“He needs to let the children go back to school. They’re suffering emotionally, mentally, educationally. You can’t get a proper education e-learning,” McGovern said. “I believe it’s safe. I believe if you use common sense, you wash your hands, you take your vitamins and you use precautions, keep the area clean. Everyone should have been doing that in the flu season.”

Video: Our full interview with Mount Greenwood resident Christine McGovern.

Mount Greenwood’s reputation is tinged with racism and bigotry. However, residents say that isn’t true. 

“There’s a preconceived notion that Mount Greenwood is racist or bigoted, and we have a heavy population of police officers here, firemen here. It’s actually not the case,” said Heather Hickey, a Mount Greenwood resident. “There are so many wonderful, kind city workers, dedicated city workers that live here, that care about their community, that care about Chicago.”

She said that the perspective and opinions of a few doesn’t represent the entire community. 

“Sometimes there might be somebody whose opinion is louder than the rest of us and that’s not our opinion at all,” Hickey said. “I feel like sometimes we just need to start working to be a little bit louder and to try to do some more positive things for our community.”

Amid recent civil unrest in the aftermath of the death of George Floyd, Mount Greenwood has stood behind police officers, though there have been Black Lives Matter protests in the community area. 

“This is a community that stands together, stands to support one another in times of crisis,” said Ald. Matt O’Shea (19th Ward). “We are a very close knit community here in Mount Greenwood, as we are throughout the 19th Ward. Most certainly they stand in support of their first responders, firefighters, paramedics and police officers, who while many of us have been shielded and protected, and been able to stay home the past six months, they’ve been out there, on the front lines, putting themselves in harms way.”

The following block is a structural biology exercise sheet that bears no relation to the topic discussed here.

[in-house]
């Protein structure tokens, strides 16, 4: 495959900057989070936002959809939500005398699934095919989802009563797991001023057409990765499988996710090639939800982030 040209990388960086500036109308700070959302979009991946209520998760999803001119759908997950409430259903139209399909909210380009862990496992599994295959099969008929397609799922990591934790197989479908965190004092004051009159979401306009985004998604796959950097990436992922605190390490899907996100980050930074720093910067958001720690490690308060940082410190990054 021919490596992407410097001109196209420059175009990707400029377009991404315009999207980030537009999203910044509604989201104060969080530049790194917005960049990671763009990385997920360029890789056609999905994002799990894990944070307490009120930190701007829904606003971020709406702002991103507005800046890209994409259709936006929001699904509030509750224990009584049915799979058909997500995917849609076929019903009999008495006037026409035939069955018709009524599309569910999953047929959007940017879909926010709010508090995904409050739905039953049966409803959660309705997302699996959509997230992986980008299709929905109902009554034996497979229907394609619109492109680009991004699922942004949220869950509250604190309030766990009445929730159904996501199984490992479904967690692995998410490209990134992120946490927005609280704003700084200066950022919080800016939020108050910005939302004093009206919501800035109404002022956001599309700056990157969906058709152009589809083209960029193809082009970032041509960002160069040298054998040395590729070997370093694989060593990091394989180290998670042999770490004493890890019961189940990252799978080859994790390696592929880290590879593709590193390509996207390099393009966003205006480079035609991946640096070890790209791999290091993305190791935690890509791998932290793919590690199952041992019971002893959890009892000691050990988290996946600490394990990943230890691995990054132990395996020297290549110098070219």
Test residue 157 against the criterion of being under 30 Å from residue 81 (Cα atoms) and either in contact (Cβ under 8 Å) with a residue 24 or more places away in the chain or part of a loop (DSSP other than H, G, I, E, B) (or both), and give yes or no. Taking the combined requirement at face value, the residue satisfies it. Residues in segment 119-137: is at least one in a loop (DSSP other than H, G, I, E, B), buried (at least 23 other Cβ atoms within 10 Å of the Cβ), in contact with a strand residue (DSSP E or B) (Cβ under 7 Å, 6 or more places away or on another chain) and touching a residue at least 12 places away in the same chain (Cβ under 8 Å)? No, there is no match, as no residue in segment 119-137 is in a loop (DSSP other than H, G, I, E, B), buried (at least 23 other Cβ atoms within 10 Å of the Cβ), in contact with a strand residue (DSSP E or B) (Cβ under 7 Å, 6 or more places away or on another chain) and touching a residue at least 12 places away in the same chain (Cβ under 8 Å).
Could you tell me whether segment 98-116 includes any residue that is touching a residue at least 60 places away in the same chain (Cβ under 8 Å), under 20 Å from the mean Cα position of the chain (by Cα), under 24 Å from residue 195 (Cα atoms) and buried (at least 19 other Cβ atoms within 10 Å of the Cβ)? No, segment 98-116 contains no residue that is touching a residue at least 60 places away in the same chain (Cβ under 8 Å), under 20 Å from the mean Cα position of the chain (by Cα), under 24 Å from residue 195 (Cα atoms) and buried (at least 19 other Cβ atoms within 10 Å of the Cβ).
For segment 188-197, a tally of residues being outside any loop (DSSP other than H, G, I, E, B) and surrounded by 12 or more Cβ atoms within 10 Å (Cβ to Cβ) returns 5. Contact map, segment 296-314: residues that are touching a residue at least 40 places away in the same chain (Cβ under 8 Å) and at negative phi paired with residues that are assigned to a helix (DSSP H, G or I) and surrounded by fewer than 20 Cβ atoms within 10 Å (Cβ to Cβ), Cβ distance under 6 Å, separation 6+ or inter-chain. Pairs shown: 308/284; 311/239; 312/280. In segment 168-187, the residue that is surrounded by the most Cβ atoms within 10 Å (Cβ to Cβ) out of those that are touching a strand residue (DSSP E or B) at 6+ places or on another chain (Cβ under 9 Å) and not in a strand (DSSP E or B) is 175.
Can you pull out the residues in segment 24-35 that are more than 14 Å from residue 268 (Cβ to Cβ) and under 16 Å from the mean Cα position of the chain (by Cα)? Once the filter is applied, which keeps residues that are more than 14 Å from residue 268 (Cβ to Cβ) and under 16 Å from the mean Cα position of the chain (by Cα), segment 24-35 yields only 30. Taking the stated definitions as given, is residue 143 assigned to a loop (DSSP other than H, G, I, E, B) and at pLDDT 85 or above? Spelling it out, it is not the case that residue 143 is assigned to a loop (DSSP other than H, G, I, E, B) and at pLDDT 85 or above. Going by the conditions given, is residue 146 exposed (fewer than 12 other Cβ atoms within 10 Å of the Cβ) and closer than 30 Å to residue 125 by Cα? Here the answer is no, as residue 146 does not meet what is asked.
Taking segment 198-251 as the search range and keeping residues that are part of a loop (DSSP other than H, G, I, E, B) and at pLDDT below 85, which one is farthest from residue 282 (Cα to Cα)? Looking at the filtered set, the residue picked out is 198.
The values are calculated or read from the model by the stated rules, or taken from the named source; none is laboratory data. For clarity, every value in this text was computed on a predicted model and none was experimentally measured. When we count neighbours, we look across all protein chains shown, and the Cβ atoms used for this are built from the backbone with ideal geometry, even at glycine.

On Nov. 5, 2016 — just before the election — Mount Greenwood grappled with a police shooting of its own. An off-duty police officer shot and killed a 25-year-old Black man from Indianapolis, Joshua Beal, who police say had a gun, during a traffic dispute after a funeral procession. In June 2019, the Civilian Office of Police Accountability cleared the two Chicago police officers who shot Beal, finding their use of deadly force in adherence with policy. 

In response to the recent push to defund the police, Ald. O’Shea proposed an ordinance in June that wouldn’t allow the Chicago Police Department’s budget to be cut below $1.8 billion — its current budget, which sits at about 40% of the city’s budget — unless approved by Chicago voters in a referendum

O’Shea said it has been grueling for police officers recently as their days off have been canceled and they’ve been working 12-hour shifts for months amid heightened community-police tensions, the coronavirus pandemic and the derecho

“This has been cycling now for six months, the Chicago Police Department, men and women that serve, they’re at a tipping point,” O’Shea said. “They cannot continue to sustain this.”


Community Reporting Series

“Chicago Tonight” is expanding its community reporting. We’re hitting the streets to speak with your neighbors, local businesses, agencies and leaders about COVID-19, the economy, racial justice, education and more. See where we’ve been and what we’ve learned by using the map below. Or select a community using the drop-down menu. Points in red represent our series COVID-19 Across Chicago; blue marks our series “Chicago Tonight” in Your Neighborhood.